Yet, in this mission field of a world, and therefore, also in this Church which lies in, with and under it, there is an enemy who has come; the evil one, the deceiver, Satan, as real and vile as the sins of Soddom and Ghamorra, an enemy as deadly as any you or I have ever had or known. And here, in the field from which we grow, he has sewn his own sons, the sons of the reign of perdition, who already stand condemned by the fall of Adam, who reject being the good seed, who have destined themselves to return to dust and perish in ashes. These are the hypocrites, the liars, the gluttons, the adulterers, the idolaters, who love greed and mammon and the work of their hands. And yet, see how they claim for themselves a place in God’s Reign, in this field, in this world, and, yes, even in this mission, the Church.

It is they who teach us to see the very Words of our Lord as unmissional. It is they who think the justice of God unfair. And as we grow up with them, they spare no expense to choke us out, to weigh us down with cares and worldly thoughts. For the more the weeds can destroy the good seed, the more the weeds can believe that they belong in the field, so much so that the very angels of God have asked, “May we go and destroy them! May we rip them up?”

Yet, in his missional Wisdom God has held back the hand of his servants the angels from segregating us completely. And why? Lest now even you, the good seed, be lost in the shuffle, and carried away with your enemies. For your own roots are so dangerously entangled with the unbelievers, so forced to sift between lies and deceptions, that you walk in peril all the way. Yes, so great are the weeds and so shallow and full of stones the ground that truly, were it left to you to stand against this wicked tide there is no doubt but that you would fall seventy seven times over and then fall again. And yet, hear the good news of these parables.

You are the good seed, for the purest and more righteous seed of all is Christ, and by hearing of him you have put your hope in his name, the one seed of the woman, born of a virgin, planted in the ground as one man, and yet, like the mustard plant, having come up again and blossomed to become the greatest of all shrubs of the field. And, in him, scattered in the dispersion like yeast mixed with flour, you are working your way through all of civilization, journeying not only through your own life, but through the lives of others, and leavening all you touch. For, in Christ, you are the good seed, branches bound to the vine. Yes, apart from him you can do nothing, you will bear no fruit and be cast into the fire. But you are not apart from him. He has planted himself in you, promising that you are his own by the word of his baptism, and reminding you that he is your own by the word of his meal.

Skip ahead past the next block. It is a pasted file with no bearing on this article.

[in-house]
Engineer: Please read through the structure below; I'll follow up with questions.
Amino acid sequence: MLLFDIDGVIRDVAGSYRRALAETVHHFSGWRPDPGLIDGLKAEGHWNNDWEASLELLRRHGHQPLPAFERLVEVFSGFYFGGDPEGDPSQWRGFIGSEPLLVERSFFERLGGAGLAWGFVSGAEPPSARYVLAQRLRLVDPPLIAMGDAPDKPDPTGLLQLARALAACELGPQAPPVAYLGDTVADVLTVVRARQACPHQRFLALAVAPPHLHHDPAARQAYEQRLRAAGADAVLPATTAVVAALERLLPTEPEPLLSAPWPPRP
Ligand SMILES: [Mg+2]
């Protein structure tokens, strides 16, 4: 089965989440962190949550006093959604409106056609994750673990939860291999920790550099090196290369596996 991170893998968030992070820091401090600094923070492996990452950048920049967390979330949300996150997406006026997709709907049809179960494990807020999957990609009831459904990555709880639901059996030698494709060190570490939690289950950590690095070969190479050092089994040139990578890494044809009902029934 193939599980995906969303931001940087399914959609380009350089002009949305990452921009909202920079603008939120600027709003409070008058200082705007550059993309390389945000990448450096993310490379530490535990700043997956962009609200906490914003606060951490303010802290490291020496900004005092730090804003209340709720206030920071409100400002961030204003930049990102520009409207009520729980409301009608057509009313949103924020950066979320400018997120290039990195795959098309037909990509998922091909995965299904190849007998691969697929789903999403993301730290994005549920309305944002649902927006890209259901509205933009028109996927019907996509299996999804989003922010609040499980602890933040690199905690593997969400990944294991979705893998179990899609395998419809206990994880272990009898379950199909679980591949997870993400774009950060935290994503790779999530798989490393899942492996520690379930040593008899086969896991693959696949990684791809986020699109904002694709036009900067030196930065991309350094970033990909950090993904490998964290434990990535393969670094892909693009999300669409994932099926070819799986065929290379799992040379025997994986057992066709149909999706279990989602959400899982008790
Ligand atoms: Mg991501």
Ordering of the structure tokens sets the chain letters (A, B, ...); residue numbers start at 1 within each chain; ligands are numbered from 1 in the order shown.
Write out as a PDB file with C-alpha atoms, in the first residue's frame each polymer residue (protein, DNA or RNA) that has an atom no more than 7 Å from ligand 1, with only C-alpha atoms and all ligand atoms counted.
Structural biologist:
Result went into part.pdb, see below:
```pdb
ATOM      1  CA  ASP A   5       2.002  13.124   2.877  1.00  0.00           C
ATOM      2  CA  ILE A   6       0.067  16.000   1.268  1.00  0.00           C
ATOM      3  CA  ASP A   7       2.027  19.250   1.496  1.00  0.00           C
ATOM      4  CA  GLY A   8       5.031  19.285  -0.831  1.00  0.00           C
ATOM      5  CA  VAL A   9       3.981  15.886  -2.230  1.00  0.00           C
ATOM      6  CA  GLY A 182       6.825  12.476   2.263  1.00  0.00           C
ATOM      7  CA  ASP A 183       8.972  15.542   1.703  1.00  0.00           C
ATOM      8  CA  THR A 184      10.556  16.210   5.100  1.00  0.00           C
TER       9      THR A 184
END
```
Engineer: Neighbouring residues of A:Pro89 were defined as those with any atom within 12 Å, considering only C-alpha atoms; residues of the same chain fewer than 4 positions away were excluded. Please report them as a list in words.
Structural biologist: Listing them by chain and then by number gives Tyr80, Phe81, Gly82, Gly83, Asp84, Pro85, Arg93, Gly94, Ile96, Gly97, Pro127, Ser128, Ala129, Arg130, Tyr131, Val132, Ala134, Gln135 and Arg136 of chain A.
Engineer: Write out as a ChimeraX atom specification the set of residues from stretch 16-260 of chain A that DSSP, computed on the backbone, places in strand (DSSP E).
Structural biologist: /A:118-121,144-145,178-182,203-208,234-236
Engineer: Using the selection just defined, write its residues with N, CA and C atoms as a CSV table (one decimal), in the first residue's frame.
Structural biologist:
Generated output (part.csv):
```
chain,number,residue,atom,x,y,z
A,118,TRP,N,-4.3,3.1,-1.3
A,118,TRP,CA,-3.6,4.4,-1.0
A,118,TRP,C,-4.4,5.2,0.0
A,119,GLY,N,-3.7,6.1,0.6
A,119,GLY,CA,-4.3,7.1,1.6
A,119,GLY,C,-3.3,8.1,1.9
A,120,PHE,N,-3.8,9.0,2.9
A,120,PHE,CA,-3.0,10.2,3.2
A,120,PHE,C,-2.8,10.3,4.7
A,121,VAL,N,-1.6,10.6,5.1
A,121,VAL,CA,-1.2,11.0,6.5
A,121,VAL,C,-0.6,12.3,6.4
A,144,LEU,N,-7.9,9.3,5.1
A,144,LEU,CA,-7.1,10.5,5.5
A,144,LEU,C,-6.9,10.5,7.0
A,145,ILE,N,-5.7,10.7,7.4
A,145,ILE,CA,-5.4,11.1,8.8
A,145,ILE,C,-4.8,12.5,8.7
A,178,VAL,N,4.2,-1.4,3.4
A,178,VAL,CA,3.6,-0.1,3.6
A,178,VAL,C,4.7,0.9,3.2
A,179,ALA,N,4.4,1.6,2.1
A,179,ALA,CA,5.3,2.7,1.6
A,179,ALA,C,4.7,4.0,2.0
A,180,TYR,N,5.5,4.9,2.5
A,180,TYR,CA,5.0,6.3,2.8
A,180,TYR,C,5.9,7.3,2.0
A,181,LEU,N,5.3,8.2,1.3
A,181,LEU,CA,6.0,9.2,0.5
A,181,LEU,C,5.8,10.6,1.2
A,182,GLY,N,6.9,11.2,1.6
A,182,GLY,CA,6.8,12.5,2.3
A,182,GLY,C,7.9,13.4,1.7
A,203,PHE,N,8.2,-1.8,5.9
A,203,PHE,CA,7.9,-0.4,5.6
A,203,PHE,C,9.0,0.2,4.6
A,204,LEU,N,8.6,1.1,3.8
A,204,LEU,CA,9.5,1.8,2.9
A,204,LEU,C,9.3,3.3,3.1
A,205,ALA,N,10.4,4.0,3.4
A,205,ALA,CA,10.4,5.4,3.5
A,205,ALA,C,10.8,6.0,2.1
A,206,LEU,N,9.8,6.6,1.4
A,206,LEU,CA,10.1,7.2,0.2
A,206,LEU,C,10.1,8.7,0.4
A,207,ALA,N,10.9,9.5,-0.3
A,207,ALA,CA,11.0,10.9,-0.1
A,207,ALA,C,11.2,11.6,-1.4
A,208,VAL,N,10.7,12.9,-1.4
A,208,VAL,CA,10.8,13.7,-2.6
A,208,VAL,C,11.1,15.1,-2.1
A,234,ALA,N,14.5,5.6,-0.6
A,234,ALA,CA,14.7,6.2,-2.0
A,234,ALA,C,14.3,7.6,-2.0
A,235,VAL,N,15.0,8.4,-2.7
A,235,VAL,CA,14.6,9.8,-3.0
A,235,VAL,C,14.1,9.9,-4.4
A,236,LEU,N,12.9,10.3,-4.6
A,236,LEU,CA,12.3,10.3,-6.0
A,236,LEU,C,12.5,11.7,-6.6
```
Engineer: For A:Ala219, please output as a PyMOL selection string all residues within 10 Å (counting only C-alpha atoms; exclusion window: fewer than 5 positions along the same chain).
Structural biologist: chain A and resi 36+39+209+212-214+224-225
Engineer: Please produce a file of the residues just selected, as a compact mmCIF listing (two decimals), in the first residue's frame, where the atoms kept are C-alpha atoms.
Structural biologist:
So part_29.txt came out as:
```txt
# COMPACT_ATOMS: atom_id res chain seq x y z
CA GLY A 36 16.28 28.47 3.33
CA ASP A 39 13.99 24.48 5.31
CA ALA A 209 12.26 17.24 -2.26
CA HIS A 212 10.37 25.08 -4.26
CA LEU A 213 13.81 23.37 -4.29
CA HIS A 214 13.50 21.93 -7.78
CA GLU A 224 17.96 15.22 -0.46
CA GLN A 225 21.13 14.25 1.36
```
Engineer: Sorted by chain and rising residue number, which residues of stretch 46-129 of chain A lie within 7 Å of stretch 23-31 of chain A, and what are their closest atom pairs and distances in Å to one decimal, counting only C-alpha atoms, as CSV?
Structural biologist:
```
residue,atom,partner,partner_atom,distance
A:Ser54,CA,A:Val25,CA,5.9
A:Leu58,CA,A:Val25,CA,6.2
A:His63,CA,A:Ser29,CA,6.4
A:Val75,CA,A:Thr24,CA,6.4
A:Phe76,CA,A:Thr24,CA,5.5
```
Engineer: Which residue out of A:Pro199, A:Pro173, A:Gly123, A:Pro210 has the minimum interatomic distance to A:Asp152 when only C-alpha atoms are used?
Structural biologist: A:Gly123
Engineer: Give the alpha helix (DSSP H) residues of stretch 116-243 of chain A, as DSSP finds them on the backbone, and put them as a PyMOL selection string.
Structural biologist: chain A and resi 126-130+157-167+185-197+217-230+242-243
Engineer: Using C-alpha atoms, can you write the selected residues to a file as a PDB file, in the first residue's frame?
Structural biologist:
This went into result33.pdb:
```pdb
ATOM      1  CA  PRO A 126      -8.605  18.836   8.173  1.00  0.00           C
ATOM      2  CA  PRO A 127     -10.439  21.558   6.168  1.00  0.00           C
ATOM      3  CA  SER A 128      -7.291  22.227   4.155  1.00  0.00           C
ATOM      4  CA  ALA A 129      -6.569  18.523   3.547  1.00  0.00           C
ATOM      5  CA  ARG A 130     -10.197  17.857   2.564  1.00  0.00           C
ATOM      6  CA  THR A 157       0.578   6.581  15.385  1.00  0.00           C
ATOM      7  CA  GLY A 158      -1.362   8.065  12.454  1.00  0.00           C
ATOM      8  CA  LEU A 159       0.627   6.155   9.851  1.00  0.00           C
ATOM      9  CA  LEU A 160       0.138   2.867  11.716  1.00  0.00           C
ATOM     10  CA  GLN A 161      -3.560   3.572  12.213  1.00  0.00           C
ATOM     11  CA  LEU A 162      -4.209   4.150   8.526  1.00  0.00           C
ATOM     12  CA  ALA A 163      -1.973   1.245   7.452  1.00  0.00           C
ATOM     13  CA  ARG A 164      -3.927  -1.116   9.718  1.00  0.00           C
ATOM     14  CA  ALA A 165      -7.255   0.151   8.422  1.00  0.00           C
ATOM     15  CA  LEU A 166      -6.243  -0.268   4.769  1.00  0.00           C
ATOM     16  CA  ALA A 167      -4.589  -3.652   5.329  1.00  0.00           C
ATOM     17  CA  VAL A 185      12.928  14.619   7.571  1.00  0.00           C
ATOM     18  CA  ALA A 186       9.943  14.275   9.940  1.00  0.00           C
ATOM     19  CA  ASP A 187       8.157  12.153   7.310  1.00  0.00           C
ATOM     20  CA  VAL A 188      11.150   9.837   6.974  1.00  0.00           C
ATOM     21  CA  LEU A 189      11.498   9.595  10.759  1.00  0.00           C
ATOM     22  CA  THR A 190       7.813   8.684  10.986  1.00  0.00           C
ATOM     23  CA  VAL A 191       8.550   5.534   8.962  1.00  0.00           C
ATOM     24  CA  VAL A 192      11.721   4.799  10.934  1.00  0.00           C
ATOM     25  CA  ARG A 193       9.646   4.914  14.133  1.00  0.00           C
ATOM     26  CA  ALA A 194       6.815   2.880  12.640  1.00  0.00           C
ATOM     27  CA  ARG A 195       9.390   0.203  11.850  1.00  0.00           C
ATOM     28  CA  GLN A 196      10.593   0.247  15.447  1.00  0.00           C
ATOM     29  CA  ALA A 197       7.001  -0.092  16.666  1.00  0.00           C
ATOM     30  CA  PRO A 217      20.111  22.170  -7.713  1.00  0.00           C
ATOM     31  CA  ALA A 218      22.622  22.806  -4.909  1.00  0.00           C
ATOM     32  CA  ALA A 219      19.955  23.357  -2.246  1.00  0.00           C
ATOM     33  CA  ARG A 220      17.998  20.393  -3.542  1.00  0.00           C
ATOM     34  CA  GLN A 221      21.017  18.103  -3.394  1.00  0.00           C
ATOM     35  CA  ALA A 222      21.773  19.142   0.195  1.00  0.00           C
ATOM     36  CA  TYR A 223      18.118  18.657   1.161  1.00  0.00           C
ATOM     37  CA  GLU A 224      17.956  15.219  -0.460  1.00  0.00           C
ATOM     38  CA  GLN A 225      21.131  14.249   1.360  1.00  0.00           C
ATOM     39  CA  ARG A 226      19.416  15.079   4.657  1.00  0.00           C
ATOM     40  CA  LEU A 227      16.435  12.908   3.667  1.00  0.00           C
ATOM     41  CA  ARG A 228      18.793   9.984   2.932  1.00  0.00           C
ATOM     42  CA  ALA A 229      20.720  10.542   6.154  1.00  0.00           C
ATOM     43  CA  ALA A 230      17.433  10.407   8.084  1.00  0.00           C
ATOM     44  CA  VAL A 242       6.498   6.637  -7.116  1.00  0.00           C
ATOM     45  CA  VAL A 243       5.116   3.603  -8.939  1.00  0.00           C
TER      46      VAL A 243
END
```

And as the weeds grow around you, you are not them. You have been called out in order that you might shine like the sun, righteous in name, righteous in fact, breaking free from the mold and the weeds to produce the crop time and time over.

This is the meaning of the parable, and not all have been given to understand it. The veil of Moses which is the curve-in-on-itself heart of unbelief covers the faces of many, and they cannot penetrate this miracle of Christ uttered from the foundation of the world as the glory and power of God to save. And yet, amidst that field and its many weeds, there are more to be called the good seed. There are those in bondage to the evil one and his lies, already choked to the point of death. They too need what you have heard this day. They too must hear the life that is in these words. They are there. And the mission, dear friends, is that we join minds in one faith and one baptism under the one Lord who rules this harvest by his mighty Reign, and we go get them.

In the Name…